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The inauguration ceremony of the Port of Doraleh

currently are transported to its large, landlocked southern neighbor, Ethiopia, only one and a half hours’ drive away. Djibouti has acted as this country’s port since the independence of coastal Eritrea, as well as importing and exporting for Somalia, Sudan and Eritrea. “Nowadays everybody is buying goods from China, which are more accessible costwise for Africans, and so the port has massive potential for moving Chinese goods into the whole of East Africa and for hosting showrooms for goods where our neighbors from unstable or landlocked countries can easily access them,” says Boreh. Despite Djibouti’s privileged position with regard to Ethiopian trade, the country is never taken for granted. “Of course, Ethiopia’s development is taken into consideration here in all that is built, but we also want to give them the best services and gain their goodwill, so that, if other alternatives do exist one day they will still choose to use Djibouti,” Boreh comments. Trade will receive an additional boost from the rehabilitation of the Djibouti-Ethiopia railway which is underway, while Boreh is also ready to construct a pipeline to transport fuel southwards, which would save Ethiopia vast sums of money in transportation costs. “What we have done so far in Djibouti is just the tip of the iceberg. DP World brought the necessary expertise, but we have only used perhaps 12% of our potential to date. The state of Djibouti is trying to use the remaining 88%, taking advantage of our strategic position as a gateway to Africa, the Middle East and Europe and at the mouth of the Red Sea,” Boreh concludes.

A haven for tourism The Djibouti government is also encouraging the growth of other service industries, the most promising of which is tourism. While it would like to develop the sector to become the new Dubai, sustainability is important; new coastal developments must either avoid or replant mangrove systems, for example. The safe and politically-stable country has a wealth of natural attractions. An unspoilt divers’ paradise, Djibouti is one of the few places where tourists can swim with the planet’s largest fish, the harmless whale shark, which feeds off the coast. It is filled with the kind of virgin volcanic desert vistas that formed the setting for the 1968 film ‘Planet of the Apes.’ It is also home to the eerie salt lake, Lake Assal. To boost tourist numbers by 50% in the next three years from around 30,000 currently, of whom two-thirds are from France, the government has embarked on an ‘open skies’ policy and offers additional investment incentives. Tourist visas will be available on arrival at the airport, which itself will be increased in capacity, and tax exemptions are available for 25 years to hoteliers as well as discounted electricity. Paving the way for further development in the sector is the recentlyopened luxury Djibouti Palace Kempinski hotel, financed by Dubai Al Nakheel, the wealthy Emirate’s premier development company and part of Dubai World. “We have turned the impossible into a luxurious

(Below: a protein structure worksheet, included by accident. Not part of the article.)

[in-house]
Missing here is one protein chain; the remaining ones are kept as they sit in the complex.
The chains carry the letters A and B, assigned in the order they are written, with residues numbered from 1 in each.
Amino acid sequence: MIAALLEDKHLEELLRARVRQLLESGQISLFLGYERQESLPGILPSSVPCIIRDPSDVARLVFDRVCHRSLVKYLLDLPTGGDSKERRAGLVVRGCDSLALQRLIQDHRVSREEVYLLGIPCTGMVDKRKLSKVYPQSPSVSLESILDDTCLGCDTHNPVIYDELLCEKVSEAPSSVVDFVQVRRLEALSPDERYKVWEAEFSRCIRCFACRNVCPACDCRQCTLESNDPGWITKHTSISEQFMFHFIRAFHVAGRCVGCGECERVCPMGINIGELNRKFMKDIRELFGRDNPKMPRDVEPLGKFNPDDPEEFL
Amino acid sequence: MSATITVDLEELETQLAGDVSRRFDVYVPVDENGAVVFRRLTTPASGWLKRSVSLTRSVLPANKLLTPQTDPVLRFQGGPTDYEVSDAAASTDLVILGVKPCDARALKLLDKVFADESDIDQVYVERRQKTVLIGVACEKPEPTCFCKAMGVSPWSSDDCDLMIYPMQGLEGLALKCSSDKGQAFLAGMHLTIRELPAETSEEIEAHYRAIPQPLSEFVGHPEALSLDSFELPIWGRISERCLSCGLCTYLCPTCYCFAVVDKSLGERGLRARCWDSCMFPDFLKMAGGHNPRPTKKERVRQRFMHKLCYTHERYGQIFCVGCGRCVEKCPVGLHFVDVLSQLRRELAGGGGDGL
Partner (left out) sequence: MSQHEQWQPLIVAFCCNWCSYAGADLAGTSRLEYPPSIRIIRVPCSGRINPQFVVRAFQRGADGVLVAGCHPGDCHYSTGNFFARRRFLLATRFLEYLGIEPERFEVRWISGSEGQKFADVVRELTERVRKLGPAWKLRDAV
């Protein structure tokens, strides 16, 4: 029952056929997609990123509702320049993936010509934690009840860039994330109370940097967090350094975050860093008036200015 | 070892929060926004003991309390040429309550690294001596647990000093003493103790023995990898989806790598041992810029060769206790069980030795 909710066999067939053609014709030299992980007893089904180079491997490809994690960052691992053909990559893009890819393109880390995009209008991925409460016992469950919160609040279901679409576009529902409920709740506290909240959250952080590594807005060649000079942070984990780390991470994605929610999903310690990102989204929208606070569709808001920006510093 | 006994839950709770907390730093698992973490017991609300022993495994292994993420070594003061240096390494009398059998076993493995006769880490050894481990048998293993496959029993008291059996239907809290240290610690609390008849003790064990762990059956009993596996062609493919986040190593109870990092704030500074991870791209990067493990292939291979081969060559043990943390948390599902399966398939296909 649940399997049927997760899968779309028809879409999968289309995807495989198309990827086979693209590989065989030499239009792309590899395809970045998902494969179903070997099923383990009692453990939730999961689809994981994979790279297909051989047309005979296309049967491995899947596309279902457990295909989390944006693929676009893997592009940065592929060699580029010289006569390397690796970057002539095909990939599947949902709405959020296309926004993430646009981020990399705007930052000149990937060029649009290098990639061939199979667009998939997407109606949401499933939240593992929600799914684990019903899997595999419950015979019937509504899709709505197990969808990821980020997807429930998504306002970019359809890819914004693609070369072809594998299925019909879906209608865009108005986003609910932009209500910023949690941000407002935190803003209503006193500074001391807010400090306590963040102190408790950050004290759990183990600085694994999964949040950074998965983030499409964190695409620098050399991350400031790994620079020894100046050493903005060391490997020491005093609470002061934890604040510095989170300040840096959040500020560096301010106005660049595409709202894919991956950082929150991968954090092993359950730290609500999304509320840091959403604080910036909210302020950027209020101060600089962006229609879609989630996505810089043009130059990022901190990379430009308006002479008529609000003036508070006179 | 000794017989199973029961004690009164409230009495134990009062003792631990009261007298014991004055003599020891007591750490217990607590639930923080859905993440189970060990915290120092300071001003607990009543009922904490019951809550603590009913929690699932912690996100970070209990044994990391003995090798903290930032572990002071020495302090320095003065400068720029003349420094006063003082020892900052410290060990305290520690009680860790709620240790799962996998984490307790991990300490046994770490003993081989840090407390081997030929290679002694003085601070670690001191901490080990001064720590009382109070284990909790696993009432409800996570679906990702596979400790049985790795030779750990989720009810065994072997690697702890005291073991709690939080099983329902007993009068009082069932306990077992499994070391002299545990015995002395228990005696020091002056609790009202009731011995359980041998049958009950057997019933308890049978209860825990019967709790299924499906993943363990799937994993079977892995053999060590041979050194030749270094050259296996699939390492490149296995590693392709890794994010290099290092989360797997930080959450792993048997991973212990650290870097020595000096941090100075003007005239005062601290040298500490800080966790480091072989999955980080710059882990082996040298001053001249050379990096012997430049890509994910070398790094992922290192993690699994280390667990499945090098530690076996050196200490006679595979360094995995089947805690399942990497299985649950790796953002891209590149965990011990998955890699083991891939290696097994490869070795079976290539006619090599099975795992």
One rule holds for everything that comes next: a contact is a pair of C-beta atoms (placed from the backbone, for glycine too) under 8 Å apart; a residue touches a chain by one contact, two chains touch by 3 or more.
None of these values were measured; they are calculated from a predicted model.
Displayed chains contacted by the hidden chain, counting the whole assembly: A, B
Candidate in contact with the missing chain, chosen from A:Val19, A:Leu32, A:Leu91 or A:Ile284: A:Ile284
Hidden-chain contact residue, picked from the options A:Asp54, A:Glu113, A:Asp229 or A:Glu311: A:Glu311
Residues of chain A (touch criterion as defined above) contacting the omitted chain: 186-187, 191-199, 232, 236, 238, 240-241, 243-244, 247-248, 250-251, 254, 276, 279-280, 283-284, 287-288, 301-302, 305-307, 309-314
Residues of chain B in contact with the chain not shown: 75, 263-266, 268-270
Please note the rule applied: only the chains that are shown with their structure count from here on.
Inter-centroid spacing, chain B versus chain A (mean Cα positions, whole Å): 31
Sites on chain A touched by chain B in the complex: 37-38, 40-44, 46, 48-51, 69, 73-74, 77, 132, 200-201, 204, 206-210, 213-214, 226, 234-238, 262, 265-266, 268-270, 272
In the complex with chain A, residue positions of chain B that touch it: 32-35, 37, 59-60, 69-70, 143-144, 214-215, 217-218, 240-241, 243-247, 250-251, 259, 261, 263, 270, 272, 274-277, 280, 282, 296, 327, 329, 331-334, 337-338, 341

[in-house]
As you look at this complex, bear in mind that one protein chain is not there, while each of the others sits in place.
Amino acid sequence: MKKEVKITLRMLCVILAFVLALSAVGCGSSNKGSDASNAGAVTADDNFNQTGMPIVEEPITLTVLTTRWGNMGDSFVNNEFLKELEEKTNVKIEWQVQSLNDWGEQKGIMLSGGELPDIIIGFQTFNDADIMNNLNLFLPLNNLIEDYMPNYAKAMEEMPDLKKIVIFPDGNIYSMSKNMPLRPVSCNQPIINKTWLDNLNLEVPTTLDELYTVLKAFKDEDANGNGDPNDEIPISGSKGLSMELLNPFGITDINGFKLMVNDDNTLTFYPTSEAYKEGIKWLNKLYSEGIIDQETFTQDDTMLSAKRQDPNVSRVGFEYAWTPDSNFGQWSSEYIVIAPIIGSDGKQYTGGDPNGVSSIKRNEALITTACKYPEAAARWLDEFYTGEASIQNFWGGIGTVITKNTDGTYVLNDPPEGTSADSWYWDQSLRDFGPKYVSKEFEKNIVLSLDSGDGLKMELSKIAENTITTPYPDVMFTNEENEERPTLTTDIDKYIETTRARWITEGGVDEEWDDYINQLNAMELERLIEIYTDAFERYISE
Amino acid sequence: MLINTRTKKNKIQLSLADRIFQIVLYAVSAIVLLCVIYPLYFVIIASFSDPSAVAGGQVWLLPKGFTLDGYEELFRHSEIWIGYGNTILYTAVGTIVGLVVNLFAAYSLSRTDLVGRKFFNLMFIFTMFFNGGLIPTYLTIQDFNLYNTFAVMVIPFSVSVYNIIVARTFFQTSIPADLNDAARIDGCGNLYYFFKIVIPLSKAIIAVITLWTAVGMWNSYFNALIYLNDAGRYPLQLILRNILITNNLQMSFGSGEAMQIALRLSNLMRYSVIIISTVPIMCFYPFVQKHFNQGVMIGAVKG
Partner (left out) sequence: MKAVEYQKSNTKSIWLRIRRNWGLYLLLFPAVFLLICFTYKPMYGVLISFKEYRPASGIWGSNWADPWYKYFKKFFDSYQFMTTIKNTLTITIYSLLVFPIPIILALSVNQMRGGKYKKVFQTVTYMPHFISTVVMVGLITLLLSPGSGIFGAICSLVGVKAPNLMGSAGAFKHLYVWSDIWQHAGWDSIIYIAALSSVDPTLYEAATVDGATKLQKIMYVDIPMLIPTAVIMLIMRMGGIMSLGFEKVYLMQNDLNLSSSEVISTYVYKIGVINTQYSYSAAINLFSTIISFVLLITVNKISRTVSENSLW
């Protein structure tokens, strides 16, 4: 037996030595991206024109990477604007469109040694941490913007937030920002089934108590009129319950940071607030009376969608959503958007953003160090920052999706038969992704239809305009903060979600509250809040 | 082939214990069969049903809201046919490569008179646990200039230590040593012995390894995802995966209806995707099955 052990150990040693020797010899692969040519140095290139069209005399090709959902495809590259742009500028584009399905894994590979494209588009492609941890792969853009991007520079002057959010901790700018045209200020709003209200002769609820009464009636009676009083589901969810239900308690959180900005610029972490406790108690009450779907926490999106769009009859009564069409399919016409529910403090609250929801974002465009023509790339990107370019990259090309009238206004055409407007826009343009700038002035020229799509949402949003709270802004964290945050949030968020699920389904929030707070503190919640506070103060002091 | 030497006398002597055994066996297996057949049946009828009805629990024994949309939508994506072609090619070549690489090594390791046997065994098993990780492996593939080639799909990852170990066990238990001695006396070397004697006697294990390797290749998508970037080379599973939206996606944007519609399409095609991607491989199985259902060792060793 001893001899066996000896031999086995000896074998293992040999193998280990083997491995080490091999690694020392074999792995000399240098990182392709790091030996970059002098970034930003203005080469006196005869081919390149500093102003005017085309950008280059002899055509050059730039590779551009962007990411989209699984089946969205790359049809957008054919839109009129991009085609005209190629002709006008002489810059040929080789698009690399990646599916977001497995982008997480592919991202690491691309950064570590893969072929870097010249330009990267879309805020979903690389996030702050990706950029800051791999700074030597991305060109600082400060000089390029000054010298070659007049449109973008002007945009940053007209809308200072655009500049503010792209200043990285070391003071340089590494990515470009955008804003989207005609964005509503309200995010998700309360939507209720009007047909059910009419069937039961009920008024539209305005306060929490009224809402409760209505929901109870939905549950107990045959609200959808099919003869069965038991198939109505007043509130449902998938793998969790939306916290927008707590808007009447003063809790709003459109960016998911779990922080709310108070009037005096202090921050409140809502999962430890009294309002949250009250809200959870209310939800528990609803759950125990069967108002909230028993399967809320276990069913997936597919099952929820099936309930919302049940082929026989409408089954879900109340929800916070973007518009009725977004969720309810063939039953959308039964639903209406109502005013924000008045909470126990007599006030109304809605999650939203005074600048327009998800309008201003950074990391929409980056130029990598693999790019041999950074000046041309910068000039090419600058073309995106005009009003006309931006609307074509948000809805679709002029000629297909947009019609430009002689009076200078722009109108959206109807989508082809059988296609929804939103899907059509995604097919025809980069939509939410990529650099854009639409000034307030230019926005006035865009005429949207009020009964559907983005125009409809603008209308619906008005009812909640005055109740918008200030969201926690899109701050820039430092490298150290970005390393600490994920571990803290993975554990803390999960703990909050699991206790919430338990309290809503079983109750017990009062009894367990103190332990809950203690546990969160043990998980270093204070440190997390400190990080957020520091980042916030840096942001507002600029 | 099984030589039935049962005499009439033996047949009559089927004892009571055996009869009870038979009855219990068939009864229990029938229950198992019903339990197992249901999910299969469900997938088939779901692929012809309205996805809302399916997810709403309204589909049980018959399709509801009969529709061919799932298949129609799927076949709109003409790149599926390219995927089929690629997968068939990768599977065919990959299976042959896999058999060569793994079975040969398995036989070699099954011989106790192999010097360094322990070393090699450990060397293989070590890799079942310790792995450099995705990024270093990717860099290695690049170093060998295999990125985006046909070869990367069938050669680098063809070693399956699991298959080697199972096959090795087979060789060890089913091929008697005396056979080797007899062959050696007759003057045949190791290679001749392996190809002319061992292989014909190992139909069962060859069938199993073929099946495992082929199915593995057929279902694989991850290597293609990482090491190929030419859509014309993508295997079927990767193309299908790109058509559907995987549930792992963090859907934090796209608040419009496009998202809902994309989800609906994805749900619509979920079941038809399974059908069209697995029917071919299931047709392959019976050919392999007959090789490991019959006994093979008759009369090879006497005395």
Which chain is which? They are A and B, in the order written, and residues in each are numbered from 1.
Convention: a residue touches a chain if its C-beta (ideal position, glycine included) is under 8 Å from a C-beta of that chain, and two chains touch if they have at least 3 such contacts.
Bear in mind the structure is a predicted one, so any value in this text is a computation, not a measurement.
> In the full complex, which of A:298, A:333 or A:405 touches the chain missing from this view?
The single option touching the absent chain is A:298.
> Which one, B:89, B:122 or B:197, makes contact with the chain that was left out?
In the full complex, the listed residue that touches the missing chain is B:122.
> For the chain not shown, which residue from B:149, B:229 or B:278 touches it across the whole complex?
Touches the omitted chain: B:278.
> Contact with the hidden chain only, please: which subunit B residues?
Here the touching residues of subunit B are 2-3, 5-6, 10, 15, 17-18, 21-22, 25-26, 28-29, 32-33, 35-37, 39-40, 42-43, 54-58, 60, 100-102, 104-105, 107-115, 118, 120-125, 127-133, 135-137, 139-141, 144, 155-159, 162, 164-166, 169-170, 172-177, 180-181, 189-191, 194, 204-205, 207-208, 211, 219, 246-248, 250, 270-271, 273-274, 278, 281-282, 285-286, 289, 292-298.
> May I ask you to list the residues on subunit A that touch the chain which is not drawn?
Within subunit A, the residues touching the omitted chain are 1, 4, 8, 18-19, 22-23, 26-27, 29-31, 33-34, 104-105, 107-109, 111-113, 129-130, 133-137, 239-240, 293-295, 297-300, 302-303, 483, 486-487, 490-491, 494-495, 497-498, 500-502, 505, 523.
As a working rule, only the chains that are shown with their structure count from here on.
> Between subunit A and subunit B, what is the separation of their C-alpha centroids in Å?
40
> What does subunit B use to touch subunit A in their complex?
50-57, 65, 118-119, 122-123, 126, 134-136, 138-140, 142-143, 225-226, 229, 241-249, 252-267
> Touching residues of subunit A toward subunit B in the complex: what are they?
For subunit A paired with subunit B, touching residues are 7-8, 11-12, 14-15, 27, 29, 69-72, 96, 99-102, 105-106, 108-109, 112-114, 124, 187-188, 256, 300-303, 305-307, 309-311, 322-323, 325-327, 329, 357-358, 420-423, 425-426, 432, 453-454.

Djibouti Palace Kempinski, where the impossible becomes a luxurious reality

reality as this hotel was designed, built and opened in nine months,” says general manager Bugra Berberoglu. Near to the airport, port and business district, the hotel is located on its own private beachfront between the Red Sea and the Indian Ocean, in a secluded setting of palms and bourgainvillea. It boasts every luxury expected of an international, 5-star hotel. Besides 177 luxuriously equipped and spacious rooms and suites with Wi-Fi connection, the hotel hosts North Africa’s largest conference center and a comprehensive business center. Leisure facilities include a private beach, pool, fully-equipped fitness center, spa, water sports, entertainments program, and a wealth of dining and bar options. A marina is the latest addition to this palatial hotel, and Chinese visitors —which account for 15% of the total—are catered for with three Mandarin-speaking staff. “Our efforts have already been recognized, as we have been nominated in the Best 5-Star New Hotel of the Year 2007 category of the Middle East North Africa Travel Awards, and are the first hotel in Africa to have received the excellence hospitality award from the globally renowned 7 Stars & Stripes, which awards hotels above the 5-star level,” says Berberoglu. The Djibouti Palace Kempinski is also opening a training center for the country’s hotel industry to boost standards and employment in the sector, and is developing a nearby paradise island in a sustainable way. “We have two objectives,” concludes Berberoglu: “To be the best hotel in Africa, and to put Djibouti on the tourist map, albeit an eco-friendly, selective one.” The first objective has arguably already been achieved; the second, with effort and investment, should happen very soon.

Djibouti at a glance Location: Horn of Africa, at the mouth of the Red Sea and the Indian Ocean Total area: 23,200 km² Population: 500,000 approx. Official Languages: Arabic and French GDP: U.S.$1.878 billion GDP per head: U.S.$2,070 Inflation Rate: 3% Currency: Djibouti Franc pegged to U.S. dollar Business Focus


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Djibouti report 06 2008  

Djibouti Report June 2008